This year was just my second Akademy. And as my first one,
But when I arrived back in K-Town (to some people also known as Kaiserslautern) I had the same strange feeling again as two years ago coming back from Dublin. It felt like being back from a parallel world or something. "Post Akademy blues" ? Suddenly there were not everywhere you go, KDE people around. Do you know that feeling ?
One thing I noticed is that it seems in the meantime I'm one of the older guys in KDE. Oh well, that's ok. And it's nice to see the young guys coming into KDE. Well, usually I feel somewhat depressed (not sure that's the best word)
What did I do at Akademy ?
I met a lot of people, a lot I already knew and as always a lot of new faces (at least for me). This is always a lot of fun and I hope (well, I'm sure) we'll see us again soon ! :-)
I had planned a few things to work on, but didn't get around to finish all of them. Instead I spent a lot of time talking to people, helping them (you know, CMake stuff) and discussing. I think this is even more valuable to do
I also planned to get a full nightly build for KDE working: building qt-copy, building kdesupport, submitting a dashboard for it, if that succeeded, building kdelibs and submit to a dashboard, and if that succeeds, finally building kdepimlibs, as the first module which uses kdelibs, and, of course, submit a dashboard for it. Unfortunately I didn't find the time to get this done. So we will get this later. Then we should run this on the more "exotic" platforms we support, as e.g. Windows, OSX, Solaris and FreeBSD nightly. It would be cool if we would have a big fat box with virtual machines for the different operating systems to do that. Maybe this would have to be an Apple server, or are there any virtual machines which can run OSX ?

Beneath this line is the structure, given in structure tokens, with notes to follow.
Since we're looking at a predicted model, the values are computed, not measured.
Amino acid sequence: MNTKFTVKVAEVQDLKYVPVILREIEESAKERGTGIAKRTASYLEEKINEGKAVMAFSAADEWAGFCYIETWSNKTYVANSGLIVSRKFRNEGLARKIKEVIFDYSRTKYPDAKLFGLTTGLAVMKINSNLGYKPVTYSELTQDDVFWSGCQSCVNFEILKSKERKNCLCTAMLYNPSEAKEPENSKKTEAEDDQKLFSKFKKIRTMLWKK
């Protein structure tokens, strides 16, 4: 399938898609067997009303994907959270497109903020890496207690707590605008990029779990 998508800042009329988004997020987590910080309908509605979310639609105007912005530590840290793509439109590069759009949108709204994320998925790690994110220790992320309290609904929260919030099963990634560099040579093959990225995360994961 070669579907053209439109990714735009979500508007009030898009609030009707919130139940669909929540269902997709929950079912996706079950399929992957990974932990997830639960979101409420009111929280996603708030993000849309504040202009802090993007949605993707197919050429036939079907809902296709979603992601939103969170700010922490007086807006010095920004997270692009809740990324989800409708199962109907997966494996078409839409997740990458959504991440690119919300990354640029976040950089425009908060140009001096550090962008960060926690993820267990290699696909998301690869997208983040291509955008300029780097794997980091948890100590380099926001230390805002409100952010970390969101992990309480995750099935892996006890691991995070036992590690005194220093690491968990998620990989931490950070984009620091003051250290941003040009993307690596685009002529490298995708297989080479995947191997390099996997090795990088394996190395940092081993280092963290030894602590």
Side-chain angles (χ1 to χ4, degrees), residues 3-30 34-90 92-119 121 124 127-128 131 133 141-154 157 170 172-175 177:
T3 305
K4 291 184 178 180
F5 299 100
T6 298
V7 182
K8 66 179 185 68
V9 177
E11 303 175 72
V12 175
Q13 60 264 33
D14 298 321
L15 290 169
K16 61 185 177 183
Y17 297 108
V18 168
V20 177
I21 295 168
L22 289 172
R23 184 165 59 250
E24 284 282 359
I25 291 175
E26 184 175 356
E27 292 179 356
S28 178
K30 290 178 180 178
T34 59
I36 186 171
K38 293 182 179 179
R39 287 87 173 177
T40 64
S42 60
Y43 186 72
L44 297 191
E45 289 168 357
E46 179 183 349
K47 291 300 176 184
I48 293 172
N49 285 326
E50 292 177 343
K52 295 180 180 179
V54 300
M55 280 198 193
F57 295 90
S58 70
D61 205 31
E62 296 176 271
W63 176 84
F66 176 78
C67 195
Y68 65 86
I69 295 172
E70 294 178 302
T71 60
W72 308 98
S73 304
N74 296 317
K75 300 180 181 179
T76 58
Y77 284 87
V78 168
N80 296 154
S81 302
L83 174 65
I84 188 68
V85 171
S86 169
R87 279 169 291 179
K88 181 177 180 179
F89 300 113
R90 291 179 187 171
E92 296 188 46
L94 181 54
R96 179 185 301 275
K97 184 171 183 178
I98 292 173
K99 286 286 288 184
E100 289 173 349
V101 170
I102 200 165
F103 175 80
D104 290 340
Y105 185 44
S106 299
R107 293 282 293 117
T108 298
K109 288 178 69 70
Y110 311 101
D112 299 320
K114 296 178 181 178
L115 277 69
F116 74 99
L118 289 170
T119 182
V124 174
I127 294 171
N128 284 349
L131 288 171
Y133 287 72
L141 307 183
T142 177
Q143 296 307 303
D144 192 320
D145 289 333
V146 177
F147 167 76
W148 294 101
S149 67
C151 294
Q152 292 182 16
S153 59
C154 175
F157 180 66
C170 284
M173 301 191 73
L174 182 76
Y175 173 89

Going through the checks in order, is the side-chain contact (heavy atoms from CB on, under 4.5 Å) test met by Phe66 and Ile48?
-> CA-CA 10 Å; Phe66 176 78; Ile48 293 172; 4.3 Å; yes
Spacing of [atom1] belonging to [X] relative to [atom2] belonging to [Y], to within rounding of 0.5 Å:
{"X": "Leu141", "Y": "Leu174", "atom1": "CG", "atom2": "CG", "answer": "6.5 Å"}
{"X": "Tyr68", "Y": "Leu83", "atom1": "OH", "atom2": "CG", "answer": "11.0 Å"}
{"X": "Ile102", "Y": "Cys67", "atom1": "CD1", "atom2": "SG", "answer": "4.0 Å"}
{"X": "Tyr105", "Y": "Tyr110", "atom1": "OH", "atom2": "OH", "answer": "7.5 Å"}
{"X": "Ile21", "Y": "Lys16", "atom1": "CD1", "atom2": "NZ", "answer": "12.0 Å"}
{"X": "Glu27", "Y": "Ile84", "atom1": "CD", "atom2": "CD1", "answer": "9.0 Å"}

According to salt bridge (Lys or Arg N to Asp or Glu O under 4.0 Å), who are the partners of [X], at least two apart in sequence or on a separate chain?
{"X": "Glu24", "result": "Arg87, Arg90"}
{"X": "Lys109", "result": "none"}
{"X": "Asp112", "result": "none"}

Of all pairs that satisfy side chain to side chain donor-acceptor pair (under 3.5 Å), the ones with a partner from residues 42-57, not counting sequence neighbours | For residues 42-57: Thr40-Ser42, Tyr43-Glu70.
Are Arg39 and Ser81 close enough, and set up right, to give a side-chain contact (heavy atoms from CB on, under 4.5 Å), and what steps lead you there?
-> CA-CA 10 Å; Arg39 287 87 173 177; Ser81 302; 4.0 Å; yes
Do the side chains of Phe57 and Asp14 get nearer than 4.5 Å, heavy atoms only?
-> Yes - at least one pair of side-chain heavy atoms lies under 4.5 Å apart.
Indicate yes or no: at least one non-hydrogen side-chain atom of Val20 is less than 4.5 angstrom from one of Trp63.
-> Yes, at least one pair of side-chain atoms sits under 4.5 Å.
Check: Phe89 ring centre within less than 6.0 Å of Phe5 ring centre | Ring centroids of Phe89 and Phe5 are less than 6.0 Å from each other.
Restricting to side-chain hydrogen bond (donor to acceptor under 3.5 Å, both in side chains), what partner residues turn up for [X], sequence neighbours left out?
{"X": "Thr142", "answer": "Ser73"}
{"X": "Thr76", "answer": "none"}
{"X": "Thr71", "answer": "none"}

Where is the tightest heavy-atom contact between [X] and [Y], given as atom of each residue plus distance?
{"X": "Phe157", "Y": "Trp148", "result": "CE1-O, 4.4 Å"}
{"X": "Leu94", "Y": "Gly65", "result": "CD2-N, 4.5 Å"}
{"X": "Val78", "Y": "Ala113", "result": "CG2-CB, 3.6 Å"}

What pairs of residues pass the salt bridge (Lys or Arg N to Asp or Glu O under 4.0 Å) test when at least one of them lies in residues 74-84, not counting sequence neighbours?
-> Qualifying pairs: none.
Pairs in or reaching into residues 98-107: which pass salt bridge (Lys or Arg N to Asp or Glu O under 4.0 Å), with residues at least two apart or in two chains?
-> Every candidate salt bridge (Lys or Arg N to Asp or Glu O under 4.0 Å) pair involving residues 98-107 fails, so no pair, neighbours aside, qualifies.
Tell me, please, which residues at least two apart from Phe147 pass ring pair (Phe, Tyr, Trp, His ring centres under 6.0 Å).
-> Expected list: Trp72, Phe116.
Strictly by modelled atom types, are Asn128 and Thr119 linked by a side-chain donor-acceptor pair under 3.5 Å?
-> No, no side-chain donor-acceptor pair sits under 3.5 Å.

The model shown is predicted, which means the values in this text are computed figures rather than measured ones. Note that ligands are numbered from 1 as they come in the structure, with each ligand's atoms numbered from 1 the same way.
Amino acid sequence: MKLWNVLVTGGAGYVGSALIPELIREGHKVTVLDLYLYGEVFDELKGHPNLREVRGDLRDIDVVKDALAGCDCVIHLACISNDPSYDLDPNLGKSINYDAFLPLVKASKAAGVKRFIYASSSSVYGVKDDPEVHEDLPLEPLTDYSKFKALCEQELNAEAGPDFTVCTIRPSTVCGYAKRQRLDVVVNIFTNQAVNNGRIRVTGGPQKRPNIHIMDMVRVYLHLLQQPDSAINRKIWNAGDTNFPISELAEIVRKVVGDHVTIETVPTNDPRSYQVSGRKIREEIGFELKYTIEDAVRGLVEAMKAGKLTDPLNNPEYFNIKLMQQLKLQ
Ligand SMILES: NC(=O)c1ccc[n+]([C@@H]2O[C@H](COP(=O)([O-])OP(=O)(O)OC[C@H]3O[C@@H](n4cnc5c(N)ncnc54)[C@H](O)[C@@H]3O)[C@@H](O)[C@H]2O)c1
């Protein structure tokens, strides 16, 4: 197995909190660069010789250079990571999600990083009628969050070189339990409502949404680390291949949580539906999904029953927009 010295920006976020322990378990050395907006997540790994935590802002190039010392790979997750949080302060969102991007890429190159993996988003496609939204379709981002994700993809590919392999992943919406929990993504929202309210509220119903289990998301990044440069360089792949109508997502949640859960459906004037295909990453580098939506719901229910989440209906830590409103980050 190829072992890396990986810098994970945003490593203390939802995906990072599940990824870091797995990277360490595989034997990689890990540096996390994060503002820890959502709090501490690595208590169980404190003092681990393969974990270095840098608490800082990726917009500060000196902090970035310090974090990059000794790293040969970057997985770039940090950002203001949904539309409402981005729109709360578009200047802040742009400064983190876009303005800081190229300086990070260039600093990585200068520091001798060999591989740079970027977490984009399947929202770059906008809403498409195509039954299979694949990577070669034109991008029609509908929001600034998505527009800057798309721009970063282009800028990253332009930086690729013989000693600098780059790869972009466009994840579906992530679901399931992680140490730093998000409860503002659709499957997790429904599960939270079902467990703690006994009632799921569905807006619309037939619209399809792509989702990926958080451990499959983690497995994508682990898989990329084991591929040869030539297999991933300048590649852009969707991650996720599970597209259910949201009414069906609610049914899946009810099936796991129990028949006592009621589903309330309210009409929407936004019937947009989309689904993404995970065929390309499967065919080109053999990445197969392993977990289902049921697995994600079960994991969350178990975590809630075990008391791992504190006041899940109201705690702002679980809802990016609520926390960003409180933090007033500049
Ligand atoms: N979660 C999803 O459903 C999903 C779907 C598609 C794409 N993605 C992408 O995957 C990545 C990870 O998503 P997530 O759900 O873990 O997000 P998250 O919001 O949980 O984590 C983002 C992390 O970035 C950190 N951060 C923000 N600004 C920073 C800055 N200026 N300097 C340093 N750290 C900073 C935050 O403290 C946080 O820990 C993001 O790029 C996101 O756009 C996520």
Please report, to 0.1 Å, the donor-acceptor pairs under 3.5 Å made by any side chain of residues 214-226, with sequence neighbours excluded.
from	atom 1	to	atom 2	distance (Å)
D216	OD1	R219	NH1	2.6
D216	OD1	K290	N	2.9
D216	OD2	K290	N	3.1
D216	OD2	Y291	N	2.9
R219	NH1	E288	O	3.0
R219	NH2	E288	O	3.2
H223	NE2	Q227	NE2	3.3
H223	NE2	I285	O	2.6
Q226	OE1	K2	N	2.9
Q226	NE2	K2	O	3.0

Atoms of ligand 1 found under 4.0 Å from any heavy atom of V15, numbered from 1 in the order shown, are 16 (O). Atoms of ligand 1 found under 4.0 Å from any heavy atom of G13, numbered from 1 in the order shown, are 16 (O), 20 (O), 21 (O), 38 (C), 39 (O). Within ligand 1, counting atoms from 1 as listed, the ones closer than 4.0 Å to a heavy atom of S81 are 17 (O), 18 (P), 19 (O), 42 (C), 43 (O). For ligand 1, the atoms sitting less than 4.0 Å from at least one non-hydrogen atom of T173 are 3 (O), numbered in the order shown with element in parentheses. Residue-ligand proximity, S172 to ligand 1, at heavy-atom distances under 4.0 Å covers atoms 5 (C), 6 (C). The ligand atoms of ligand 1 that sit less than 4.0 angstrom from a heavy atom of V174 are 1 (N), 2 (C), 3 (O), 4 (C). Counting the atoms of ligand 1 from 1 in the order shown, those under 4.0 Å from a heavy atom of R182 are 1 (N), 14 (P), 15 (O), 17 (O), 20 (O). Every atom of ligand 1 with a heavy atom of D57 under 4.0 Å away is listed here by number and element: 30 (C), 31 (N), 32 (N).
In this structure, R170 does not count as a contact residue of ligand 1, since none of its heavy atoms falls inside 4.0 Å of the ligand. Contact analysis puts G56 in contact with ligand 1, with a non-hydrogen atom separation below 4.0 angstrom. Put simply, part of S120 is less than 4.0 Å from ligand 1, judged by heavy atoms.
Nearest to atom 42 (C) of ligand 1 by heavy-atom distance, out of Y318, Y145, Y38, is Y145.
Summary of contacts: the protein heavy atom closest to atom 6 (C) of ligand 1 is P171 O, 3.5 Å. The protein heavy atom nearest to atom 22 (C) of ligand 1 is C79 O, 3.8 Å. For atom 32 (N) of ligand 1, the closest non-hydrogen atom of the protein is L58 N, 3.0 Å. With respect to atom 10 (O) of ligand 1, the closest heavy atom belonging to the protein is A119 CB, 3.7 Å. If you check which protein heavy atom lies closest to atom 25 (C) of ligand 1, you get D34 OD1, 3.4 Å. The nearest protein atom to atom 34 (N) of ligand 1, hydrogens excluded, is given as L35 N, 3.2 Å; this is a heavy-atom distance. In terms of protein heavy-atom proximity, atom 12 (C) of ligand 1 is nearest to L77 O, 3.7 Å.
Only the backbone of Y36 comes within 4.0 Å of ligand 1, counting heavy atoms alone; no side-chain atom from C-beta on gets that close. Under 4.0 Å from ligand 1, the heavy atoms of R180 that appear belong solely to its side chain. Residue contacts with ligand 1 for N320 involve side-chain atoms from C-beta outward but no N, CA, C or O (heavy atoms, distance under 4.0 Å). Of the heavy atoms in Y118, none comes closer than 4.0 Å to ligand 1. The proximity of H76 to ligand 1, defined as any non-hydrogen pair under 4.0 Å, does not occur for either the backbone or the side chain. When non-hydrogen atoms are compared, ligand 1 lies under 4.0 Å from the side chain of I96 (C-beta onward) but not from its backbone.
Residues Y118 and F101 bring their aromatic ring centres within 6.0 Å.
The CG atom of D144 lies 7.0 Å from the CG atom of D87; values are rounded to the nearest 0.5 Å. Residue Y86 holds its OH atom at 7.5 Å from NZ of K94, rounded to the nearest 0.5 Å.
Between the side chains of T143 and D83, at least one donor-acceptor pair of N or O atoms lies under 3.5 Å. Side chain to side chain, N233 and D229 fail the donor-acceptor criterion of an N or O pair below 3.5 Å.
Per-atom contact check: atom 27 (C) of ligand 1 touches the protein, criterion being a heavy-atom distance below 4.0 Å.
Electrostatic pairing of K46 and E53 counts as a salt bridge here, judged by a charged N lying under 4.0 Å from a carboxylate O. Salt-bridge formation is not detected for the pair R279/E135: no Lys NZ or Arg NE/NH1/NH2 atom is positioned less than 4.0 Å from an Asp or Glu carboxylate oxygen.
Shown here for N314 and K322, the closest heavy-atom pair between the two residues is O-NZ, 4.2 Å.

Monday was the general assembly of the KDE eV. It was a long meeting, and not very exciting. But the decisions we made are important for the project as a whole (dealing with donations, legal stuff, etc.). So the eV has an important, if maybe not really exciting role for KDE.
We released 4.0 in January, which was important for us as a project to mark the point in time from which we will stay compatible and stable. That's what it was. It wasn't intended for actual everyday use by normal users, but that was kind of hard to communicate. Before releasing it we had long discussion whether it should be named 4.0 or 3.90 or KDE4 0.1 or KDE 4.0 Preview or something. Maybe the message that it's not for everyday use would have come across clearer with a differrent name, but we decided for "4.0", so it doesn't matter now anymore.
Give this let's say 2 years, then everything is rock stable, on all platforms, and the applications will use the full power of the new underlying frameworks (the "Pillars").